- Arrange split bananas in a baking dish, side by side. In a mixing bowl, combine milk, orange juice and spices. Whisk well and pour over bananas.
- Scatter raisins on top.
- Bake for 20 minutes, until beginning to brown.
- Carefully scoop bananas onto plates or bowls and spoon the sauce from the baking dish over each portion.
*Firebrand Fix: Use 2 pitted apricots instead of bananas. *Earth Mama Swap: Use 2 pitted peaches instead of bananas, and use apple juice instead of orange juice.
I saw one of my oldest friends last week, and she totally inspired me, as only a good friend can.
I was on my way to Palm Springs for a health conference, and Jen was driving there from her home in L.A. to bury her grandfather.
She was tired and feeling the stress of how her family was grieving. See, Jen had been going out to visit her grandfather, who lived a couple hours from her home, for months.
She knew he was fading, but she also knew that his mind was mostly gone, he rarely recognized her, and that she had spent a lot of quality time with him recently to say goodbye.
But now she was on vacation, worn out from her high-pressure job producing commercials for television, and she felt she was supposed to end her break early to rush to her grandfather’s side.
Yet, she didn’t.
She knew he wasn’t really there anymore, and that there were tons of cousins, children, and other care givers around him.
Jen was tired and didn’t see the point in upending her break with her daughter and husband to go see a man who wouldn’t know she was there.
“Yes,” she told me, “I love my grandfather! But I’ve said my goodbyes and need to take care of my kid and myself. My mom is there with her dad, and she told me not to wear myself out – she understood. But I feel this pressure to drop my life, show up and grieve in a certain way, when really I just need to take care of me.”
Sweetheart, I told her, the living can really mess up a decent death.
Sometimes people think they need to look like the people in movies do – all rushing home for a dramatic end-of-life moment.
Not that she needed it, but since my mom died eight months ago, I gave her my older-friend-whose-mom-just-died-permission to do exactly what felt right for her:
“If you feel complete with Grandpa, don’t let the rest of the family guilt you into doing something that may make you feel even worse”, I said.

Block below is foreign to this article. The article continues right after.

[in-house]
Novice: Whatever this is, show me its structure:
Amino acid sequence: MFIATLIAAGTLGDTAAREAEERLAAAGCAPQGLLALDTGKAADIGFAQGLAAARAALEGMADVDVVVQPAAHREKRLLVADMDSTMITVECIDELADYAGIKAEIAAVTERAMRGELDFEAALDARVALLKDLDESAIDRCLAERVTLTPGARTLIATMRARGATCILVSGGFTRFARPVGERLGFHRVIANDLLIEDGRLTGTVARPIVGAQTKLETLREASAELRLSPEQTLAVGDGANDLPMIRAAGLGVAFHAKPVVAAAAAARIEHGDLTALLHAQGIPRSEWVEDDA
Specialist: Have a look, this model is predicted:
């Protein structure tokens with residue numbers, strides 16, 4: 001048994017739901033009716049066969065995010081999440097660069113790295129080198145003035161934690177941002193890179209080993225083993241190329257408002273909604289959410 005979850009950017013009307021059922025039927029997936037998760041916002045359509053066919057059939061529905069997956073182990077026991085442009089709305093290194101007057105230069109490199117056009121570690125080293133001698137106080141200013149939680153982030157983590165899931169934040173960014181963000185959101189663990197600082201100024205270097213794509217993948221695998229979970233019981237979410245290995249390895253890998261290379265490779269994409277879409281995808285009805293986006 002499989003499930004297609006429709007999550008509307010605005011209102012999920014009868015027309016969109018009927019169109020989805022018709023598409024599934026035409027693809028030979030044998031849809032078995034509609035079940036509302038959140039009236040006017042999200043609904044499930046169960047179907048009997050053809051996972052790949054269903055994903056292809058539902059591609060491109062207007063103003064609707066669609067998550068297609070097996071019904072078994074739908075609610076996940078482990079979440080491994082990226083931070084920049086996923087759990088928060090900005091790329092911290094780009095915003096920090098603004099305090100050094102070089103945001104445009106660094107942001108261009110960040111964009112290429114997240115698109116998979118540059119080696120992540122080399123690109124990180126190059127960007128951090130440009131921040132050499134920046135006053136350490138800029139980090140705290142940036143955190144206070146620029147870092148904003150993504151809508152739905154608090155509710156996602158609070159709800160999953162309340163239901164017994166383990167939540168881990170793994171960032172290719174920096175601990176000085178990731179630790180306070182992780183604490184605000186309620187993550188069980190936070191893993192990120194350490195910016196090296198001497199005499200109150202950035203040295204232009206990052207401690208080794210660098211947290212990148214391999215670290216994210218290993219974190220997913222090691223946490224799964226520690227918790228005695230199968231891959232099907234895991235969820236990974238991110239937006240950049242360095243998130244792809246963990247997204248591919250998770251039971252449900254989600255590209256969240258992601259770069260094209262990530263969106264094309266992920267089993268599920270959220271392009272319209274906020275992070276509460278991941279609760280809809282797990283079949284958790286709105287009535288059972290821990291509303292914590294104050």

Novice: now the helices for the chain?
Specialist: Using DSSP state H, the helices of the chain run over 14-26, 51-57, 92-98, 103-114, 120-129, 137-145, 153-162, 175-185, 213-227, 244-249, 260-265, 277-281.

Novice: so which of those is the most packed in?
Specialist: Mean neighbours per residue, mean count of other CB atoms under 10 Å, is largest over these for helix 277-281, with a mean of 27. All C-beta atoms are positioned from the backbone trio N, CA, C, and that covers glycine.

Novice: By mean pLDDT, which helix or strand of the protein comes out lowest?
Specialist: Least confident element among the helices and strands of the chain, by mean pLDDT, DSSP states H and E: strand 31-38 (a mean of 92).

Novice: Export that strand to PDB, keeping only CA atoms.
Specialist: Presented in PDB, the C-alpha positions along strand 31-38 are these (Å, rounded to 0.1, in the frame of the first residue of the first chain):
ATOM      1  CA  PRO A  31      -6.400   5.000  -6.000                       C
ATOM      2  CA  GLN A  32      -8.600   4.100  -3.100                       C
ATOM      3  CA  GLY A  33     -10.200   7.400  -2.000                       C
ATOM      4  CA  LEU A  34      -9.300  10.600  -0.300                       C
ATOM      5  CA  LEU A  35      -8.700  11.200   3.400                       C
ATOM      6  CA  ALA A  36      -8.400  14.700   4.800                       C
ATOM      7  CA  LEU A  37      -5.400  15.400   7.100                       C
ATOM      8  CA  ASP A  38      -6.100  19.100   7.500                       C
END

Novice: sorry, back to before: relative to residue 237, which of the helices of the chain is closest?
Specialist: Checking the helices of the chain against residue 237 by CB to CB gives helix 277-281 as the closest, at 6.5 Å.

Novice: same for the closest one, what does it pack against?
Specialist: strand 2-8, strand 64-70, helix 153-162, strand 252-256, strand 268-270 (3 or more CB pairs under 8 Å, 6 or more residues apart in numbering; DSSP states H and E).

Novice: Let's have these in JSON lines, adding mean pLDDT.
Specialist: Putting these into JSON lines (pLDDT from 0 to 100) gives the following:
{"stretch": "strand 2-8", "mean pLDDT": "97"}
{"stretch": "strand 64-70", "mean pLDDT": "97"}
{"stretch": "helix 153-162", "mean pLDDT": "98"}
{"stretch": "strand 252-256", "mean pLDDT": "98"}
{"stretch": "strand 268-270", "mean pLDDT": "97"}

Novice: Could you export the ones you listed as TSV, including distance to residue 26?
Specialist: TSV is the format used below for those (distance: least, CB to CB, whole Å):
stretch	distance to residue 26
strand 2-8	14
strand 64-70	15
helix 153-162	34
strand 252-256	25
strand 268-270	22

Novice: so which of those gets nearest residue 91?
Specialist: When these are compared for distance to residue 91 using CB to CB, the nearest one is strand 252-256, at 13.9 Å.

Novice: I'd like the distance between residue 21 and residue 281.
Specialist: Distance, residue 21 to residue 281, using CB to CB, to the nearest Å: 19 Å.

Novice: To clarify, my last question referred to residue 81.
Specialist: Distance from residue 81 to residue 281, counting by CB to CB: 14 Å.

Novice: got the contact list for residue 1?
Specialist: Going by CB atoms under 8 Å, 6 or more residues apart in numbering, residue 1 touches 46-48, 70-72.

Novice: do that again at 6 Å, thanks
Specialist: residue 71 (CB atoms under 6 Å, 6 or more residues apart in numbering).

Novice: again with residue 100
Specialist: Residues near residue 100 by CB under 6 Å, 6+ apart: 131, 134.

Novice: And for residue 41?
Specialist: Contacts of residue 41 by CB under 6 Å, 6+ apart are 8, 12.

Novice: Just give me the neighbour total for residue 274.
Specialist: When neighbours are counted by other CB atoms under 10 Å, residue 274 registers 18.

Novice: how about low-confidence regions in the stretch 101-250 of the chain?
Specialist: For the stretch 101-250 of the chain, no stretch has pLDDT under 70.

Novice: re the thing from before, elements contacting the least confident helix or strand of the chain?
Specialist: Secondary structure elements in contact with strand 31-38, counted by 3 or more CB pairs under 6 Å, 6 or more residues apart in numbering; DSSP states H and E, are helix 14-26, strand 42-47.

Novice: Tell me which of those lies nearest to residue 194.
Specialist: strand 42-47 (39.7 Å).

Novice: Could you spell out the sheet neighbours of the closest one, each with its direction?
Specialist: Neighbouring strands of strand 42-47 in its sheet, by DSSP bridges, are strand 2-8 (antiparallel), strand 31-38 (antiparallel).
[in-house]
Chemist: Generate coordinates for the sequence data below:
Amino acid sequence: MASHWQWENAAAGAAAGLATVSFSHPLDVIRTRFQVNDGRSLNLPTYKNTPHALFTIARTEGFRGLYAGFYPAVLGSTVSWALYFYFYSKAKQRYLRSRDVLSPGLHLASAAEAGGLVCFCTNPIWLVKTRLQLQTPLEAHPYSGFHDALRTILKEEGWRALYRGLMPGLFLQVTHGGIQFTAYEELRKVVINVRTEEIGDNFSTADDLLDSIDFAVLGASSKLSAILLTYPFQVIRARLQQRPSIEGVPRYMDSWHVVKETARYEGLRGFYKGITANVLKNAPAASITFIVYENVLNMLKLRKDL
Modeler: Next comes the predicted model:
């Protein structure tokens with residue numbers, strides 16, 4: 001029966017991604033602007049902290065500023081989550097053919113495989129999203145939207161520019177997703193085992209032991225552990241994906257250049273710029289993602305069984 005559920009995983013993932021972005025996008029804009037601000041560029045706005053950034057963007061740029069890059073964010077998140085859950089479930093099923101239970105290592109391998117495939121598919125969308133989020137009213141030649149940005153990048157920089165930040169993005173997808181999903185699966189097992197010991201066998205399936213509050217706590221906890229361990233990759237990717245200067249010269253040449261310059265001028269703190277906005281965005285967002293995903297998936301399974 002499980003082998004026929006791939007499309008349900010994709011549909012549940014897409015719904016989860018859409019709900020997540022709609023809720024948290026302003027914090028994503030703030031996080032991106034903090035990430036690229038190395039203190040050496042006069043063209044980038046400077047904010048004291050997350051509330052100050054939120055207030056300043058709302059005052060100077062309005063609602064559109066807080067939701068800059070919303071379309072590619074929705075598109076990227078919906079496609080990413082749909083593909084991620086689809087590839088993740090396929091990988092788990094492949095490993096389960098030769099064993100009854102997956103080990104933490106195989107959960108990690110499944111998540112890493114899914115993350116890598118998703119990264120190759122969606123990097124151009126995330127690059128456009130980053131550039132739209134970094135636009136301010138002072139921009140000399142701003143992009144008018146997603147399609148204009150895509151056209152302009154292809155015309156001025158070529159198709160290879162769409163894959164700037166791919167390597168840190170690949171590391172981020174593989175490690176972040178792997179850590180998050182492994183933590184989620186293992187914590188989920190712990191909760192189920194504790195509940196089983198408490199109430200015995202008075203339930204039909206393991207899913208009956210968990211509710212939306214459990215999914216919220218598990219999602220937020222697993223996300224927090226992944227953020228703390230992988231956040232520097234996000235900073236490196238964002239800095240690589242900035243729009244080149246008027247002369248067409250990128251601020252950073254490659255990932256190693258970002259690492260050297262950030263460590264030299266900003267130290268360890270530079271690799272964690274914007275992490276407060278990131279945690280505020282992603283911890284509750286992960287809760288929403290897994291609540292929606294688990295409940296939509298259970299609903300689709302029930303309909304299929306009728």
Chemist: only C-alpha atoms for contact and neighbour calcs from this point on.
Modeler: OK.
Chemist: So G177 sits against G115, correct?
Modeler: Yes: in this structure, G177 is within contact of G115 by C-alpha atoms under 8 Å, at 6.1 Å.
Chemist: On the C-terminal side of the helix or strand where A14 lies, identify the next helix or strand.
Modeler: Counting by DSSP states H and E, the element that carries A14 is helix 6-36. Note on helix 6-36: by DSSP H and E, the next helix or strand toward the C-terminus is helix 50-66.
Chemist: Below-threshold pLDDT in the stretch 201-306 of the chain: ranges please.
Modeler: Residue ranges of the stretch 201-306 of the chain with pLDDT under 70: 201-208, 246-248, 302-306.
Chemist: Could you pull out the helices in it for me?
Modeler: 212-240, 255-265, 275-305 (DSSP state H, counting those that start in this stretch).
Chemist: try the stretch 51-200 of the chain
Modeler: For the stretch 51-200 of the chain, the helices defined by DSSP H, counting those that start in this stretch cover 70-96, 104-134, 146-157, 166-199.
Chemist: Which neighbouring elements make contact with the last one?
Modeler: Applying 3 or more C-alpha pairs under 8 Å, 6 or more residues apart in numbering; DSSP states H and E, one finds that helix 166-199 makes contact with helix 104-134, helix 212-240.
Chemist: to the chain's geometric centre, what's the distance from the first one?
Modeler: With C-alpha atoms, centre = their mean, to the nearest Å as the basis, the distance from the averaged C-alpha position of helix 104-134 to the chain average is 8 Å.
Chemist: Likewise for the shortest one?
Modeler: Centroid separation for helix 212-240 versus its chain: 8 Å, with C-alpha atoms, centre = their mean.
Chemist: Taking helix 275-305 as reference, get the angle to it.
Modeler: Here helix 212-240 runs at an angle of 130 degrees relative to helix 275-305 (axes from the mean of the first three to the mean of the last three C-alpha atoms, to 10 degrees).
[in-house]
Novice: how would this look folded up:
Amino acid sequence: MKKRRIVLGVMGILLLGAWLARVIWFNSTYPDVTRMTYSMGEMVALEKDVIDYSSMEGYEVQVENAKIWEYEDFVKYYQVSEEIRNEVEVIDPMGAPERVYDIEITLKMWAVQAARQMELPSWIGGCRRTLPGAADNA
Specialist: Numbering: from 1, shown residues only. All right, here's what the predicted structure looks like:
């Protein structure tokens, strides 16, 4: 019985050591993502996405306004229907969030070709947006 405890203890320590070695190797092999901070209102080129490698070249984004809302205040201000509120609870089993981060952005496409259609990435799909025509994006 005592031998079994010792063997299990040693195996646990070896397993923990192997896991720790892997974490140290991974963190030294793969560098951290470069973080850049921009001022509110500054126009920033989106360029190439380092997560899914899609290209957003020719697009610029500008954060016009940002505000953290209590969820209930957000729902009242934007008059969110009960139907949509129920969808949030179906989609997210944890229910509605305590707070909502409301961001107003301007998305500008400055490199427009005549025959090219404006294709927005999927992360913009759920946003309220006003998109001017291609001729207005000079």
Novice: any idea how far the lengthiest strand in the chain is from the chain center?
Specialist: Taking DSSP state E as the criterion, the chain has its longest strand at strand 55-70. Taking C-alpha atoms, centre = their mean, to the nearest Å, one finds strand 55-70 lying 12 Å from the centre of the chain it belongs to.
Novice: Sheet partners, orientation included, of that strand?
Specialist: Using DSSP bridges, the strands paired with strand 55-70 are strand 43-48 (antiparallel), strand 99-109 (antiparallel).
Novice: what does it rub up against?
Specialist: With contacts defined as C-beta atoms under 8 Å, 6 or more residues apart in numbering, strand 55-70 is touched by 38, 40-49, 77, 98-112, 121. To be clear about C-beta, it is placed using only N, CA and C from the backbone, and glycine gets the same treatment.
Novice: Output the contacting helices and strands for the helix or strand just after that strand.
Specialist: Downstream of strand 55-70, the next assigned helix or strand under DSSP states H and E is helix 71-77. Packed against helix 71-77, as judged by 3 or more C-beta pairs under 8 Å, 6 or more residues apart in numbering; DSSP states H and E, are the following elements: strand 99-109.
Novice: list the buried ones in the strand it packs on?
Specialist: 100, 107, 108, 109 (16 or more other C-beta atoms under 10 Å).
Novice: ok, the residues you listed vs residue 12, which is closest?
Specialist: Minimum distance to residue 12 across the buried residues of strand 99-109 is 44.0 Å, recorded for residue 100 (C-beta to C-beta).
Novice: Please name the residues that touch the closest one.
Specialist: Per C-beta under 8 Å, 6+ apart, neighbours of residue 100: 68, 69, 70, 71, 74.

I hadn’t been there when my mom died. My brother and I had been on the phone, him at Mom’s bedside, and we talked about what we thought would happen. She went so fast, after slipping into a morphine aided sleep, that we were all surprised when the cancer took her life.
Yet, how it all happened was perfect. The final conversation we all had, my brother and I were joking on speaker phone, laughing at silly memories, and Mom piped in, with her clearest voice I’d heard in days, “you two are so silly!”
That was the perfect goodbye. She knew we had each other, and that she had given us everything she could in this life.
I mentioned that I was coming to Palm Springs this weekend and would love to see her.
It had been a tough week for her, and Jen just wanted to say goodbye to her grandfather without having to upend her life. Her mom had arranged for a small, private service at the funeral home before his body was sent to Oregon, where he would be buried.
So Jen drove to Palm Springs and picked me up at the airport when I flew in from New York.
We went out for Mexican food, reminisced and made each other laugh so hard I almost peed my pants. Sharing a hotel room, we told stories, asked each other advice, and went for a dip in the hot tub late that night.
The next morning, as we shared a plate of almost-ripe hotel fruit on the soon-to-be-blistering desert patio, Jen told me more about why life had been so exhausting and challenging lately.